[/cs_text][x_blockquote cite=”” type=”left” class=”quote”]For the artists, it is a great way of getting their music known by a far wider audience than before.[/x_blockquote][cs_text]
Although organising several minor events, such as getting artists to play in his friend’s apartment in February, the big event Tom had been planning for ages was the Pop Event. Not only was I lucky enough to cover the event as the writing journalist, but also “sound-guy”, photographer and social media manager, I also caught with Tom after the event for a quick interview to talk about how the idea came about, how he feels the event went as well as where he thinks the project is going in the future.
The idea for Pop Event started growing in his mind in January 2018. As illustrated by SenZen’s performance on the lakes, he wanted to take the Matchstick Project on an adventure, outside of Rebel. His ultimate plan was going to be London, but he thought that a trial run in Colchester and Hythe could be useful before going big.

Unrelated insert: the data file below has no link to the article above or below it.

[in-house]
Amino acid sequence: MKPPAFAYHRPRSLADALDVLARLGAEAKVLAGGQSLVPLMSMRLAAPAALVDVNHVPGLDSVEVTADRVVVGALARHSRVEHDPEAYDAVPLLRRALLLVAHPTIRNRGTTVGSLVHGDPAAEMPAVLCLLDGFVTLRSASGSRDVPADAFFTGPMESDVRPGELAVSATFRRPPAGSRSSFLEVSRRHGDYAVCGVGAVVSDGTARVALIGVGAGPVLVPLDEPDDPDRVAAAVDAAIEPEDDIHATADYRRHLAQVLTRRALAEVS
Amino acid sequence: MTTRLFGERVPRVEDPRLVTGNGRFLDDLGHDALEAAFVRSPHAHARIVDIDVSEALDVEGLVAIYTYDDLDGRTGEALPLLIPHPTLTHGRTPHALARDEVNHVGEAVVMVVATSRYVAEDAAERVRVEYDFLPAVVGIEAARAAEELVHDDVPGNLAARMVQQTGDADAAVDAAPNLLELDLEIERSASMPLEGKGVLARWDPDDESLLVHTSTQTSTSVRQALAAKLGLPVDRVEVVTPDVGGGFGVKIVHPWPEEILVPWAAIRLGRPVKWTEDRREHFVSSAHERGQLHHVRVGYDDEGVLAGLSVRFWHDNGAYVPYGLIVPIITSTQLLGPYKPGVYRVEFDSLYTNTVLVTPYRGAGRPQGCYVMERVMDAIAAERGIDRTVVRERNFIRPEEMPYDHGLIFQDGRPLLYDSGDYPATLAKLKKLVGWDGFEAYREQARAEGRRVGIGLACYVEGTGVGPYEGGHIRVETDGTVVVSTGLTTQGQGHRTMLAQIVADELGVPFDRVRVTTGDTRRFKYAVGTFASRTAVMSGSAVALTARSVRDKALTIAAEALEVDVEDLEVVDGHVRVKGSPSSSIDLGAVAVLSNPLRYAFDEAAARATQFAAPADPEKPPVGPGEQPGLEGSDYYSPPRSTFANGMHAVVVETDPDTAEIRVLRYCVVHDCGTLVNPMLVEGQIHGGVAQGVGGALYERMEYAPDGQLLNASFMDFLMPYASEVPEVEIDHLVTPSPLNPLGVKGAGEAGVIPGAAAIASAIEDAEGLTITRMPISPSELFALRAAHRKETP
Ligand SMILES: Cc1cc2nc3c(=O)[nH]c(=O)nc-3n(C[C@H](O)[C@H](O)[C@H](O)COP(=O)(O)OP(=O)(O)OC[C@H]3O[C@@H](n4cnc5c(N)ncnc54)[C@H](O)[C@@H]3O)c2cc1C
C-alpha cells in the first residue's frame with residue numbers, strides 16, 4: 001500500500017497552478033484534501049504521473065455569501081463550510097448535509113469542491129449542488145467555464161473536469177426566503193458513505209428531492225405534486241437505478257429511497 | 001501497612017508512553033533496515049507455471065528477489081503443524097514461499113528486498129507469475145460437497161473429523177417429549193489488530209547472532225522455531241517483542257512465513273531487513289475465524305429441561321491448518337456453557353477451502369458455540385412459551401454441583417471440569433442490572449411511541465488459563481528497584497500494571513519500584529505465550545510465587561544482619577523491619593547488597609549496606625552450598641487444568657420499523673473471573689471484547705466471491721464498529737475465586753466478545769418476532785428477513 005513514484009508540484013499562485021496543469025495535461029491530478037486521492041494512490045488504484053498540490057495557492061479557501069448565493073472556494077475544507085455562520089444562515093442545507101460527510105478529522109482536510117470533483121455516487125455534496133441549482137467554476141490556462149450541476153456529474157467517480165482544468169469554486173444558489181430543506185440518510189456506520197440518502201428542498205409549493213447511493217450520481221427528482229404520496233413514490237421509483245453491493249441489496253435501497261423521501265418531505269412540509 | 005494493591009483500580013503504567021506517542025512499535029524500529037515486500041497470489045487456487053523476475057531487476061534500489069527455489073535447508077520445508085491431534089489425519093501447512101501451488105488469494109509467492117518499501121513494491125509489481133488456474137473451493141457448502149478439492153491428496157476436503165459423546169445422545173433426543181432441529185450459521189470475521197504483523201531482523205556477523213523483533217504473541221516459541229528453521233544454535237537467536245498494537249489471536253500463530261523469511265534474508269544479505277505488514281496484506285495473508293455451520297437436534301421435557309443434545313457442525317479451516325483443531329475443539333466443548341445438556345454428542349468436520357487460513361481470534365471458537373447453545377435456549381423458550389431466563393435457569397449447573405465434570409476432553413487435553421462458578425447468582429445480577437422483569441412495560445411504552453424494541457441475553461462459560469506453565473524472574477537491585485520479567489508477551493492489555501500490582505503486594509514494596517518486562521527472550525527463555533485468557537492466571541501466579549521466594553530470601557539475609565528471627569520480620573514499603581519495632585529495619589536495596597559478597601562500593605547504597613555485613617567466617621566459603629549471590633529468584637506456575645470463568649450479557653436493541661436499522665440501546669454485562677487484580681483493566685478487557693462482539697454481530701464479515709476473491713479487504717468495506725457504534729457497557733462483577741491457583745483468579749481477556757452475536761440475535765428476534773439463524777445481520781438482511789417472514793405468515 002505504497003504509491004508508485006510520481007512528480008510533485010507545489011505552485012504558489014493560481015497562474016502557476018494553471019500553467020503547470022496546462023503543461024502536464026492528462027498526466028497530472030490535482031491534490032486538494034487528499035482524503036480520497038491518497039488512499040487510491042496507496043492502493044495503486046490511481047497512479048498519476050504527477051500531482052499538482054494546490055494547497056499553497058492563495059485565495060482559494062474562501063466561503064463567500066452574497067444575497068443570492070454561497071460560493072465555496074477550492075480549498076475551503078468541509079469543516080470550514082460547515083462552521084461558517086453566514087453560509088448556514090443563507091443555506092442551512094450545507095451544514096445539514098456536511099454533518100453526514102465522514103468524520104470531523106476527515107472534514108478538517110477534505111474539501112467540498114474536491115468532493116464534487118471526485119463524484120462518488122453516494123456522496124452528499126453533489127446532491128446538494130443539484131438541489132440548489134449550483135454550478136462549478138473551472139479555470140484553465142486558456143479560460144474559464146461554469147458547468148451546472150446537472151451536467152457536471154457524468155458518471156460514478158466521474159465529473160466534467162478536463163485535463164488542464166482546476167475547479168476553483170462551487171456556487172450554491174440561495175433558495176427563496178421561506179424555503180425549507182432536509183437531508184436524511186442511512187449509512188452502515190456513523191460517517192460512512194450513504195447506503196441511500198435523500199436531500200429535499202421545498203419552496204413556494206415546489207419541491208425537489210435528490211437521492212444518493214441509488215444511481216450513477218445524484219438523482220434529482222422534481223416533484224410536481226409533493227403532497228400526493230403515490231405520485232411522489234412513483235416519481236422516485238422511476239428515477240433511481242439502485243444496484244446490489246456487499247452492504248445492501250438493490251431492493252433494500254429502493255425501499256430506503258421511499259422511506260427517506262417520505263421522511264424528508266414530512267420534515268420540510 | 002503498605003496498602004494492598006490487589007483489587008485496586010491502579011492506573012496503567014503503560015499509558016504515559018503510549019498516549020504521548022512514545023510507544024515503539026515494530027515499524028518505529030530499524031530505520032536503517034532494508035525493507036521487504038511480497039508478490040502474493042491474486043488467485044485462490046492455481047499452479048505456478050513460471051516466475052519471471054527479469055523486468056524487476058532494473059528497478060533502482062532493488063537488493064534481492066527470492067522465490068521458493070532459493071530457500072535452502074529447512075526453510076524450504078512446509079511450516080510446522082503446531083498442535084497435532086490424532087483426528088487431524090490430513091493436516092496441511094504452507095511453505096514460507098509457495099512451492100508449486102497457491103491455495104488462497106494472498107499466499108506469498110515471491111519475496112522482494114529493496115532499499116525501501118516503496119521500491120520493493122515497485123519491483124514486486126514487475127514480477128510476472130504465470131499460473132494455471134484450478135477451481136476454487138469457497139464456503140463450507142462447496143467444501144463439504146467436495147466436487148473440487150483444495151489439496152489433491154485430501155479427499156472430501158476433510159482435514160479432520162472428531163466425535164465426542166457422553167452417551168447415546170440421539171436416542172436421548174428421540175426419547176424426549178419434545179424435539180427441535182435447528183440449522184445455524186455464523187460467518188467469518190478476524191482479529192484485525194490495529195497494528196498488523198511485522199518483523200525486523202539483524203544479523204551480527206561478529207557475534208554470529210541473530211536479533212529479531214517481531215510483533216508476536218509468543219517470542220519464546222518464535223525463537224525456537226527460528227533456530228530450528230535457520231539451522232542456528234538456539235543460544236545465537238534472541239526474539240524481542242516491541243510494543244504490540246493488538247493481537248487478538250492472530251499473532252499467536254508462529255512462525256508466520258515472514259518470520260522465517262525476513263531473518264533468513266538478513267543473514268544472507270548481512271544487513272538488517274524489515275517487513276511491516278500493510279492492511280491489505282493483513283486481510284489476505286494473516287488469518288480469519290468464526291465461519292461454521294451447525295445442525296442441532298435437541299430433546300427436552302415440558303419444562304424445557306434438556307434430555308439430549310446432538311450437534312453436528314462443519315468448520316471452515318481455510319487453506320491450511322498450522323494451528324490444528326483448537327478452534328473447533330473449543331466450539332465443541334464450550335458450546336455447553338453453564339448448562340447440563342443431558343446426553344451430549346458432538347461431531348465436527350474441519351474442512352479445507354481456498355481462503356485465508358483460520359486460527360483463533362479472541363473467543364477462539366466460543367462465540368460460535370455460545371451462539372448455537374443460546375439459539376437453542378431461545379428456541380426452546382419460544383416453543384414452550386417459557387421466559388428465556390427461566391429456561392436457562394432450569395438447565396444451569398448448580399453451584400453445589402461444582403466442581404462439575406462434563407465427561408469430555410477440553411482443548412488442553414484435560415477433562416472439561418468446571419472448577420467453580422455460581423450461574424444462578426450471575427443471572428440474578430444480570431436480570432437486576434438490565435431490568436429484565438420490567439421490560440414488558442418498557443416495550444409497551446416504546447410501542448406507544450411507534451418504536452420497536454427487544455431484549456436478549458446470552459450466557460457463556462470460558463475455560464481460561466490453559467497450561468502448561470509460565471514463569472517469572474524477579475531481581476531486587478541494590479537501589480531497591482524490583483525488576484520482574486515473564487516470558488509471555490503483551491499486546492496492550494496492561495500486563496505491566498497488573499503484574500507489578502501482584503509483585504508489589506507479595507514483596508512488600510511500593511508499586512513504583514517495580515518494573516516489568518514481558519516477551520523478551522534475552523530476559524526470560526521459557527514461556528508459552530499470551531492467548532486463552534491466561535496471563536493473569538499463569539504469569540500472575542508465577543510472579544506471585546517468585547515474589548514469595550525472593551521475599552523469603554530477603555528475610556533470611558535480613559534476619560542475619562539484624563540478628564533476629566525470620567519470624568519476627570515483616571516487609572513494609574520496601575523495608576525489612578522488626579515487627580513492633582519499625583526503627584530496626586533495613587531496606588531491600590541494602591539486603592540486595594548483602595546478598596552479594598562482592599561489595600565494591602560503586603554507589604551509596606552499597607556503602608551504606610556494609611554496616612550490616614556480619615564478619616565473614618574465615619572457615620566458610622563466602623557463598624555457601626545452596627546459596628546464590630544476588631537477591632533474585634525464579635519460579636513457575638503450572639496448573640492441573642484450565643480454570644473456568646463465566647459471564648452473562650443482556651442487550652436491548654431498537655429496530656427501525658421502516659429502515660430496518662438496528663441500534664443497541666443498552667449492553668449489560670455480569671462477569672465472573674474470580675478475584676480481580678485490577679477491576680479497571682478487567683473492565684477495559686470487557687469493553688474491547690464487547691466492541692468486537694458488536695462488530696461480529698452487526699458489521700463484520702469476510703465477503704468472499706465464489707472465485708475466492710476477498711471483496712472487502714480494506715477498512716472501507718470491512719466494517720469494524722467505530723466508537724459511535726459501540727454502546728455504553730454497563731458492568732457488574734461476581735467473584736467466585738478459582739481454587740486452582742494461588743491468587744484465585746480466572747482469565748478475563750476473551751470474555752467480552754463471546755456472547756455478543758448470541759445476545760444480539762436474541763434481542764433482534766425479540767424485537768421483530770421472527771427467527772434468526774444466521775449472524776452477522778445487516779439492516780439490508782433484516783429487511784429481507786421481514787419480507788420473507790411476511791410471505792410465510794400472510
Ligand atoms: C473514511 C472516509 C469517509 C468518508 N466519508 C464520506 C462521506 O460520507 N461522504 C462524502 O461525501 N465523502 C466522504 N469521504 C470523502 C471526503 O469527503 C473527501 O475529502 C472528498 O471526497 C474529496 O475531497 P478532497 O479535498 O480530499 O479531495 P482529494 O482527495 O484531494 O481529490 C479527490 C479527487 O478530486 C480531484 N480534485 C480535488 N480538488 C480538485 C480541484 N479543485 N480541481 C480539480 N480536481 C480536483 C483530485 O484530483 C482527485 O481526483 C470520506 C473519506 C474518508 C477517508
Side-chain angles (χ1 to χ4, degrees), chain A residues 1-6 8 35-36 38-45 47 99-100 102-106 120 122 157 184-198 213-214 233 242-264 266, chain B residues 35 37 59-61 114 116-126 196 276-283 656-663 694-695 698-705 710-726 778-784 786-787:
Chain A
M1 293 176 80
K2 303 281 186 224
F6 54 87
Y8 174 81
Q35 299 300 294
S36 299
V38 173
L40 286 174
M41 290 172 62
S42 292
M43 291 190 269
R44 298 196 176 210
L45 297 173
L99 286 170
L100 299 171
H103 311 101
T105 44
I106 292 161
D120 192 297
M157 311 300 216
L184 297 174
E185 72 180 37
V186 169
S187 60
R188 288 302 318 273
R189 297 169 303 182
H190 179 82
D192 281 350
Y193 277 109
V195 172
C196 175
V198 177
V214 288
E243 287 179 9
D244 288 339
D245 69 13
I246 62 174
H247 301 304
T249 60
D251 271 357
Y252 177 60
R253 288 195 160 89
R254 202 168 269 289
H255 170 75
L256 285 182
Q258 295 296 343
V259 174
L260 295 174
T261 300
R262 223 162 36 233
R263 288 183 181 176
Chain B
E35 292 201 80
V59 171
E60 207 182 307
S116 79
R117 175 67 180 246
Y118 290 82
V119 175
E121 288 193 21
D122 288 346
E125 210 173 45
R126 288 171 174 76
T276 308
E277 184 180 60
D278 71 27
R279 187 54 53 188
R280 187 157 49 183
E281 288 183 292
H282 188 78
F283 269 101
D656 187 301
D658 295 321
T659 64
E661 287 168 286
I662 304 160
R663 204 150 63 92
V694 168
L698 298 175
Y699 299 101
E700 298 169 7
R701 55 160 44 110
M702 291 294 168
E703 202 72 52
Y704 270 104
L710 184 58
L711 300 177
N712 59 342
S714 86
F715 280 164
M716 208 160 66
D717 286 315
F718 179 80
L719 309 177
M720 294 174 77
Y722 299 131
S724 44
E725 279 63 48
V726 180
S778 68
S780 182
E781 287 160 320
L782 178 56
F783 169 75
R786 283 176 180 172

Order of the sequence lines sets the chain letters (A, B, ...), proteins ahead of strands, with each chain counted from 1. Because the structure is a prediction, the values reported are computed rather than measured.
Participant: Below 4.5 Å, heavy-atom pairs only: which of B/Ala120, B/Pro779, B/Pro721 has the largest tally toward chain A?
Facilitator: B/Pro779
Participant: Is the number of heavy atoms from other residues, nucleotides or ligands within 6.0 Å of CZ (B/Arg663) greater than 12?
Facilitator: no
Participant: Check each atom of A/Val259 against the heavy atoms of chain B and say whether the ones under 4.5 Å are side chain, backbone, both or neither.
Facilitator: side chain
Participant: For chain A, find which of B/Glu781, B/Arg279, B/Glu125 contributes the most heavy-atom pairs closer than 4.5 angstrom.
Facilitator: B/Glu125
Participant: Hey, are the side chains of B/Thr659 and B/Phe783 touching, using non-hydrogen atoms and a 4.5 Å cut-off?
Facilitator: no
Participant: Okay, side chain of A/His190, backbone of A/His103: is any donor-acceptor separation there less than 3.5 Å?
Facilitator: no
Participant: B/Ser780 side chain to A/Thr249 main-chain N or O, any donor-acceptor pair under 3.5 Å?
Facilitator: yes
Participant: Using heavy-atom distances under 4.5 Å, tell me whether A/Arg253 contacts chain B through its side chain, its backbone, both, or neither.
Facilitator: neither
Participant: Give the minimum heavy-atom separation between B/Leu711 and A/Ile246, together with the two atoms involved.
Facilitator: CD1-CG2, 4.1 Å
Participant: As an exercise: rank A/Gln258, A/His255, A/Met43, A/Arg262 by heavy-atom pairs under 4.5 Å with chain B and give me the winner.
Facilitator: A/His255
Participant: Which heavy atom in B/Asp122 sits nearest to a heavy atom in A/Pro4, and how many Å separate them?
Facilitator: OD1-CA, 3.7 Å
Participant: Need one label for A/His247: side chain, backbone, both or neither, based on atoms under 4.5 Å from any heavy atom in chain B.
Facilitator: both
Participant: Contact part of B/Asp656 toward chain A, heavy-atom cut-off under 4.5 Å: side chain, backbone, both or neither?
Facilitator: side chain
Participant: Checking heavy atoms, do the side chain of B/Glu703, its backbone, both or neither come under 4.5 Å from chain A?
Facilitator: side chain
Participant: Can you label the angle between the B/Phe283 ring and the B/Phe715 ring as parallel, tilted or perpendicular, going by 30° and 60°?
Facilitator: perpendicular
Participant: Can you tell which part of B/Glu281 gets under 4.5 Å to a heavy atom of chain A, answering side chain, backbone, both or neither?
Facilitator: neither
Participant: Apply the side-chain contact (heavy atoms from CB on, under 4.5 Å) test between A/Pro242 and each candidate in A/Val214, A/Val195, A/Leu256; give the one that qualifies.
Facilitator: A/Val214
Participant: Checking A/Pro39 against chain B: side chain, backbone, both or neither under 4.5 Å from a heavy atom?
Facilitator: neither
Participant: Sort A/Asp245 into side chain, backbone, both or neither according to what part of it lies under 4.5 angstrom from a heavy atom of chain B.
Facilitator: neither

A big team was put together for the event, several cameramen, a photographer, a writing journalist, musicians and obviously, Tom Grovestock. The basic idea was to take a couple of musicians around town, starting at the Queen Street Brewhouse and moving towards the centre of town, with the artists playing on the bus on the way. Everyone would then take the train to Hythe and play on the bridge near Tesco before all going back to the Queen Street Brewhouse for a couple hours of live music in front of an audience of mostly University of Essex students.
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Laurence and The Imaginary Band in Colchester. Credits: Rudi Andrews
Unfortunately, not everything went to plan… the cameras did not all work, we got on the wrong train, ending up in Colchester North Station rather than Hythe, and so had to take the train back the other way. Not having taken any tickets for the train, it was just our luck to be caught by the ticket collectors, each member of the crew being fined £20, which was all paid by Tom. We finally got to Hythe, filmed a couple of performances before heading back to town. Not only was everything dragging on, it was getting dark and tension was rising with everyone exhausted by the whole experience. The equipment was not set up, delaying the start of the gig by one and a half hours, so everyone’s performance was cut down bit a bit, but it did all squeeze in eventually.